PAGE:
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York’s film school
Student director Tom Day, whose film Zombie Rehabilitation Project will be shown at the University of York’s Luma Film Festival
This weekend films made in York will be premiered at the University of York. MATT CLARK went behind the scenes for a preview.
YOU don’t often see zombies wandering around Heslington. But on Saturday there will be dozens of them, all doing their best to scare people witless.
Fear not though, York isn’t about to fall prey to an invasion of the undead.
These white-faced ghouls feature in a new movie by Tom Day which will be premiered at the University of York.
Tom is one of the student directors at the university’s Department of Theatre, Film and Television (DTFT) and they are all gearing up for Luma Film Festival, a chance for emerging movie makers to impress industry professionals and the public.
All the films are written, directed and produced by DTFT students and range from photographic stop motion animation and fast-paced music videos to intimate documentaries and powerful character studies.
Take First Night which explores how a woman comes to terms with loss. How she spends the first night after her husband has died, doing the things she would have done with him – but now alone.
An independent panel made up of figures from the UK’s film and television industry had the job of reviewing and selecting 20 of the submitted films for display and Tom’s 20-minute film, The Zombie Rehabilitation Project, was one of those selected.
It’s a ‘mocumentary’ following the lives of Brian and Christine, who look after a recovering zombie called Jon.
“It follows their progress over ten weeks as the zombie gets better and eventually… well you’ll see there is a bit of a catastrophic outcome but I don’t want to give too much away,” says Tom.
One thing he can reveal is that there are 45 zombie extras in the final scene; not one for the squeamish, perhaps.
The university’s studio facilities were made available as part of the students’ course, but the rest of the budget was down to the directors themselves. Tom’s film cost £800; most of that, he says, went on feeding the crew. But it was money well spent to get such an impressive addition to his CV.
“There’s no other time in our lives that we’ll get such equipment for free, it’s the best in the country,” he says. “The festival is designed to bring to the forefront an awareness of our skills and give the course and department a wider name.”
There is also talk of taking it to London next year.
The department opened last July and was immediately hailed as a world-class facility. Alongside the production course is a writing directing and performance course, which comes in handy when you need a few actors.
Greg Dyke, Chancellor of the university and former Director General of the BBC, says he thinks the new festival is a fantastic opportunity for students to show both the industry and the public what they can do.
Danny Carter couldn’t agree more and he’s hoping to impress with his film Two Fires.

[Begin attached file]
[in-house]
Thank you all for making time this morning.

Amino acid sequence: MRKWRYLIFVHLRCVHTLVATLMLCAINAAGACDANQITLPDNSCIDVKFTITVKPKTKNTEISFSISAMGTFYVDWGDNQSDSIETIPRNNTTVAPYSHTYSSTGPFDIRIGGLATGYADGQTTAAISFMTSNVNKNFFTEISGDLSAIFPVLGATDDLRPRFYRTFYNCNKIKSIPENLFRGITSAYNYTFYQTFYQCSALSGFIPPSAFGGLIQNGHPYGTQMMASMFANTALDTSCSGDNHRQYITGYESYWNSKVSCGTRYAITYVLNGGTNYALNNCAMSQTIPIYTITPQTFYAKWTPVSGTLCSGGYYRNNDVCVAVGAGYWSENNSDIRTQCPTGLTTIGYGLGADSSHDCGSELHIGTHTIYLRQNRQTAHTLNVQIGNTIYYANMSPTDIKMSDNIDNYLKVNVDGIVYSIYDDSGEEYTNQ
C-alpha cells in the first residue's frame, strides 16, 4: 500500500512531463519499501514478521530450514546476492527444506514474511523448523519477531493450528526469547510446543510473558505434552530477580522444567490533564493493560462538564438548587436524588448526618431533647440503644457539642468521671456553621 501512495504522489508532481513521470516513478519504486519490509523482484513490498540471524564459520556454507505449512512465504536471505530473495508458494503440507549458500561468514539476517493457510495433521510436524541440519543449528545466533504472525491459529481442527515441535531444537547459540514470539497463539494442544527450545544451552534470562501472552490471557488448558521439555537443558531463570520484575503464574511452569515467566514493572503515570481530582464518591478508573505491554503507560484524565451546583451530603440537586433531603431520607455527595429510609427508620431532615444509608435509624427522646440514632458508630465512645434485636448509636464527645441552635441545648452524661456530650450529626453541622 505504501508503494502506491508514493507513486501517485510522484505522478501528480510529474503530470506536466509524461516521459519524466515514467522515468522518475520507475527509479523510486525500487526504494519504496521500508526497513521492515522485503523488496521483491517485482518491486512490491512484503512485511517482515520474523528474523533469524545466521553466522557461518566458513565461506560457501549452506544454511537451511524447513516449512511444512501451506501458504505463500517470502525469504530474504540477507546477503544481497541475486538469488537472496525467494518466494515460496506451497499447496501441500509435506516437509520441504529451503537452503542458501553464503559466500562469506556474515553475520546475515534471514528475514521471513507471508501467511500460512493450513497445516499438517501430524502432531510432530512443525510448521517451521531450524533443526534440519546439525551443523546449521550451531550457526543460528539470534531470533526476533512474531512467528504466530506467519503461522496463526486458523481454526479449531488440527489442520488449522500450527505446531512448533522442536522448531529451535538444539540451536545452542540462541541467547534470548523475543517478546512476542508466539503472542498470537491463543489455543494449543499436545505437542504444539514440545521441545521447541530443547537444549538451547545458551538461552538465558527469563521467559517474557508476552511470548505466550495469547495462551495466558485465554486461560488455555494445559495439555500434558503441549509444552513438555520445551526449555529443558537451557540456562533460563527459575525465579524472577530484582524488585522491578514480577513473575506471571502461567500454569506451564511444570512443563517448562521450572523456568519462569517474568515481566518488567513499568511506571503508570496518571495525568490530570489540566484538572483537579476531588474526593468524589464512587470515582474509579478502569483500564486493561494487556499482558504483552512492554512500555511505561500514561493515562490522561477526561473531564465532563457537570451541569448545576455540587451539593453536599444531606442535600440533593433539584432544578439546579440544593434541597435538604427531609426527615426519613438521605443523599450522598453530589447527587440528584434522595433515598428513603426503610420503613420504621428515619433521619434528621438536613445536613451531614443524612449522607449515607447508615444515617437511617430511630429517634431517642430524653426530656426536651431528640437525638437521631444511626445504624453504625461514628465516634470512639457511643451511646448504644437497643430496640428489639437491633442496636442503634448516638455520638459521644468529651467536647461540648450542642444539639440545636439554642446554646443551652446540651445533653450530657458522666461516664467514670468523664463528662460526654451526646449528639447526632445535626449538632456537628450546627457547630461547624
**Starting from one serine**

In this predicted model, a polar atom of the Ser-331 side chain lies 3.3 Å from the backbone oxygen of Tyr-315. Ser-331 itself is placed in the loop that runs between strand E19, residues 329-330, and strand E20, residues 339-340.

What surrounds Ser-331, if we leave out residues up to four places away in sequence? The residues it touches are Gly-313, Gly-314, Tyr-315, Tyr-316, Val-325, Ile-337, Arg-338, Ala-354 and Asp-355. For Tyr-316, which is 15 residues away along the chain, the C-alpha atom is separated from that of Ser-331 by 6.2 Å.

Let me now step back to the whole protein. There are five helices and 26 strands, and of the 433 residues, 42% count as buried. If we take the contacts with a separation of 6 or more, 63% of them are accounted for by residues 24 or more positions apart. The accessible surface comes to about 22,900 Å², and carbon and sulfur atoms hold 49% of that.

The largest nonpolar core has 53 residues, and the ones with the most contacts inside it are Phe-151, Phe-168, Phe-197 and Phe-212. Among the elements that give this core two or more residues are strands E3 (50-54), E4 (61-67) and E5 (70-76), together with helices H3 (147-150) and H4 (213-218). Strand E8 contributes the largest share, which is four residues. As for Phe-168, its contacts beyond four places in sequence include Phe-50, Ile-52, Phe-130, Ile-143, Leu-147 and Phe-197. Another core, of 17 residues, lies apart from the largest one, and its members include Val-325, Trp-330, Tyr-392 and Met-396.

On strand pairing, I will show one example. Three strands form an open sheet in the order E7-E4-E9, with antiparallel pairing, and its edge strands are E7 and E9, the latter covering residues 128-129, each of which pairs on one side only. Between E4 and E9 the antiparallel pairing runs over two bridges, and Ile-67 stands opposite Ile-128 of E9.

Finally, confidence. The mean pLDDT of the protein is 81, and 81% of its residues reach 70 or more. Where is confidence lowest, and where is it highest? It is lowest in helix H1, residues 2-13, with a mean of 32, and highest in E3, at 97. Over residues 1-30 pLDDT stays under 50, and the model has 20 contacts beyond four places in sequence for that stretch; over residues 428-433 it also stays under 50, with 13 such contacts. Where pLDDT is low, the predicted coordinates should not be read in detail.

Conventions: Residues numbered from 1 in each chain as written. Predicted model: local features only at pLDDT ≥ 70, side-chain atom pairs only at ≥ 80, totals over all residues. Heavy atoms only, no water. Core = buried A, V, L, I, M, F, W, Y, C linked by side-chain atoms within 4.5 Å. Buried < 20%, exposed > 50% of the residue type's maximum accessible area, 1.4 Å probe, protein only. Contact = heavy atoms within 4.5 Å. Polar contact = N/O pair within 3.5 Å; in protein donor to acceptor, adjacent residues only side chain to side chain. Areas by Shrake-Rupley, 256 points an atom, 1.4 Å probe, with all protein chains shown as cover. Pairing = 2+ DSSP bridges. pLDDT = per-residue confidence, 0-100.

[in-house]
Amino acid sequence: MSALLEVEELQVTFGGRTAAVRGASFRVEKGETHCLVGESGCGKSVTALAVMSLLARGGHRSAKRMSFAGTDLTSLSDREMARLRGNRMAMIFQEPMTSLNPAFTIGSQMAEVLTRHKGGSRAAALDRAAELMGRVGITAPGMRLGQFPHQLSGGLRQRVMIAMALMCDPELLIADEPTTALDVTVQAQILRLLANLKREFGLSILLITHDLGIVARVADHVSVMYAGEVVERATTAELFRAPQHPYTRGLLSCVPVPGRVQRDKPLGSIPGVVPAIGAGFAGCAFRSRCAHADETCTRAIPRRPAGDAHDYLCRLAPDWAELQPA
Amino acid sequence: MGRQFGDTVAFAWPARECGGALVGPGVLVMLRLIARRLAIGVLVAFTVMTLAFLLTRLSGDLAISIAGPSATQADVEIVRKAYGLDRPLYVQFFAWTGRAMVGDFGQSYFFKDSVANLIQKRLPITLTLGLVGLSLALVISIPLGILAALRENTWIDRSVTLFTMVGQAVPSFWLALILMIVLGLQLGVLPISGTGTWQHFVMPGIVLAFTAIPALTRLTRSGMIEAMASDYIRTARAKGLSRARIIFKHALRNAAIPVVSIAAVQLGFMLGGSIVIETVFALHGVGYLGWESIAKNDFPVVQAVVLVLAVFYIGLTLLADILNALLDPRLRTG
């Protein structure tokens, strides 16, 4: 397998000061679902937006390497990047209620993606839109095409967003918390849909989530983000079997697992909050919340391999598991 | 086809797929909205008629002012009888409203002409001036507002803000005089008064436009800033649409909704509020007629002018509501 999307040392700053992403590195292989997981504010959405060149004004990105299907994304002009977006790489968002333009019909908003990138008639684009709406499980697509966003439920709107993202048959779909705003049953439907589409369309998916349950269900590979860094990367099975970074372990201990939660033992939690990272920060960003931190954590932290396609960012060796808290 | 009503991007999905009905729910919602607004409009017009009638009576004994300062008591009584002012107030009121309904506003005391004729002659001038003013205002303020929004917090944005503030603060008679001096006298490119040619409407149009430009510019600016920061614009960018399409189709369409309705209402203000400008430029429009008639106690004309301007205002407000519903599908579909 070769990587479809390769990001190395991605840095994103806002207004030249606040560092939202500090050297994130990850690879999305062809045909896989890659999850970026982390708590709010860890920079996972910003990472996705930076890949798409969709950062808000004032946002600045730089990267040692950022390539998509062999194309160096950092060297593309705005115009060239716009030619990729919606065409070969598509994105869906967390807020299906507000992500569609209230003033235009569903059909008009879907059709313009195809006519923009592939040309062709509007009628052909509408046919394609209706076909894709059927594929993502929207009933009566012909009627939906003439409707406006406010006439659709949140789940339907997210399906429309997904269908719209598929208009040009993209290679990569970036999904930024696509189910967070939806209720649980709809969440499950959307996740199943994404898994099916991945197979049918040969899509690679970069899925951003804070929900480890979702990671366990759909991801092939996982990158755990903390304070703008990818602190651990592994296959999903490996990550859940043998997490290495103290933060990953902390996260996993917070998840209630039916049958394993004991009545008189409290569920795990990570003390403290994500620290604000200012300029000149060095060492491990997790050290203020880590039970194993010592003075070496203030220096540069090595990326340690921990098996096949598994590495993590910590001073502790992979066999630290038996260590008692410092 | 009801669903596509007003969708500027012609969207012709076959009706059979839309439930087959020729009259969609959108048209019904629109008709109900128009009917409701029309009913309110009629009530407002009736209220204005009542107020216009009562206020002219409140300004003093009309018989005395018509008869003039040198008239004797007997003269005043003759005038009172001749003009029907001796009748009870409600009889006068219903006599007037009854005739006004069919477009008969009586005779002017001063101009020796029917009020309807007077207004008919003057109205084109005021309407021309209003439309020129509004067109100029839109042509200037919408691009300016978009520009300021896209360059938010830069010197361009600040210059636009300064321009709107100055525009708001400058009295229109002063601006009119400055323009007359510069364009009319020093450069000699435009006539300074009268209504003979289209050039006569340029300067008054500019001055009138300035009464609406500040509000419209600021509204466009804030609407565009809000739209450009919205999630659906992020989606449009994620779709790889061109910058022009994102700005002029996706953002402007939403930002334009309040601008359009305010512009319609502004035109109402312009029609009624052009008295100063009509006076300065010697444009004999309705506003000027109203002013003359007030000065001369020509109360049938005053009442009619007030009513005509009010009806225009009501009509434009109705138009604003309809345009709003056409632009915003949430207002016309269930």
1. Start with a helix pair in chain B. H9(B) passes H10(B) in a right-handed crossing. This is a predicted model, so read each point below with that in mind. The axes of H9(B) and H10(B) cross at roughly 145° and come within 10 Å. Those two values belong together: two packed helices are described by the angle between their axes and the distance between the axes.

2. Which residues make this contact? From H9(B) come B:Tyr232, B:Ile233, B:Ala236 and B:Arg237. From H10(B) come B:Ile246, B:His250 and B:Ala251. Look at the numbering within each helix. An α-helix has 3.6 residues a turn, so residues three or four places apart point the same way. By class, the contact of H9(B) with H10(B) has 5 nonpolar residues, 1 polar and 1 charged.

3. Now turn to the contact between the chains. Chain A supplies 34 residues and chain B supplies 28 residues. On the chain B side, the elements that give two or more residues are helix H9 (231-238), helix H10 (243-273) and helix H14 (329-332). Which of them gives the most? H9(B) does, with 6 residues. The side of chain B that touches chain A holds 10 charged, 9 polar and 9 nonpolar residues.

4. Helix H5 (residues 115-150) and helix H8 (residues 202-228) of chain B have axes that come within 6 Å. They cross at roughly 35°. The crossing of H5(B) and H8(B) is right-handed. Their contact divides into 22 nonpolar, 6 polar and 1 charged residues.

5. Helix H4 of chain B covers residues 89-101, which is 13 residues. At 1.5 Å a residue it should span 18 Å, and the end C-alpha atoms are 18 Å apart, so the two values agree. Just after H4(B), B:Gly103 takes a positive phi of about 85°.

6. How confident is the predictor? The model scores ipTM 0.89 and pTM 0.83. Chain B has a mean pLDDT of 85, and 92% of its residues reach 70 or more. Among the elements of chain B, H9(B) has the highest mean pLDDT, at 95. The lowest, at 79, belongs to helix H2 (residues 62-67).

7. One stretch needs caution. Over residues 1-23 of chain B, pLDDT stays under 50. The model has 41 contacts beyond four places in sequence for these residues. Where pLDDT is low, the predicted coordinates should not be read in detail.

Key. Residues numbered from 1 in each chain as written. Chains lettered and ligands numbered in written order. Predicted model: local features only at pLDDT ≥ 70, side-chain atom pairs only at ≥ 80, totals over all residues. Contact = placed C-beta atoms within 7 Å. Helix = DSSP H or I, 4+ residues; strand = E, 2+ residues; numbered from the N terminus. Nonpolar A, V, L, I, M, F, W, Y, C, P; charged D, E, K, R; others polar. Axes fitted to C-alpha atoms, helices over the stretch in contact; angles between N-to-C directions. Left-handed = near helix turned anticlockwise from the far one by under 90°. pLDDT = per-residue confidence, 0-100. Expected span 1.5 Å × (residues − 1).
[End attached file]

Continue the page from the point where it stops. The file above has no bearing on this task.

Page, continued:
Not that it was Danny’s first choice. He intended to make a film in York, but a week to go before filming began Danny was told his big lights wouldn’t be welcome on the city’s streets.
Time then for plan B.
“We had to come up with a completely different idea,” he says. “I heard about these people in Wales who sounded interesting so we got in touch and jumped in a van as a two-person crew.”
They set off to meet a couple who live the good life by making glass and pottery and the result is an evocative fly-on-the-wall peek at an alternative, genteel existence.
“I never wanted to show them speaking, you just hear them the whole way through until she says it’s a perfect life and they just look at each other.
“It’s a nice shot, one I wanted to save to the end.”
Although filmed digitally, Danny added a grainy effect in post production; something he believes adds atmosphere.
“There is sometimes a worry that digital is too clear, too much like real life. I just stick to the age old cinema conventions and adding grain makes it look more like a fairy tale in some ways.”
It’s not only films that the students have been producing and studying. Television shows figure large on the curriculum and Tom says he thinks British TV is strong at the moment with the likes of Sherlock and Dr Who and especially documentaries.
But he also says an in-depth look at programmes such as Big Brother can highlight subtleties that many of us miss.
“I think people too often take reality TV it at face value but there are some really clever manipulations used and decisions made during the production process.”
Maybe these shows aren’t that bad after all.
However, dumbed-down is not an accusation you could level at the Luma Festival, which promises an afternoon of intelligent and articulate entertainment.
“There will be a great variety of films, some funny, some sad and some exciting,” says Tom.
“I can’t wait to see mine on the big screen; to see it really come to life. But it will also be a nerve wracking experience, waiting to see how people react to it.”
• The Luma Film Festival takes place tomorrow from 2pm to 6pm at the University of York’s Department of Theatre, Film and Television at Heslington East. Open to all, admission is free on a first-come-first-served basis by email to firstname.lastname@example.org
• The Department of Theatre, Film and Television is one of four major academic buildings in the first phase of the University of York’s £750 million campus extension at Heslington East.
It is one of the biggest capital developments in UK higher education in recent years and part of a major infrastructure project led by Science City York to extend the assets and strategic potential of York as a leading centre for science and innovation.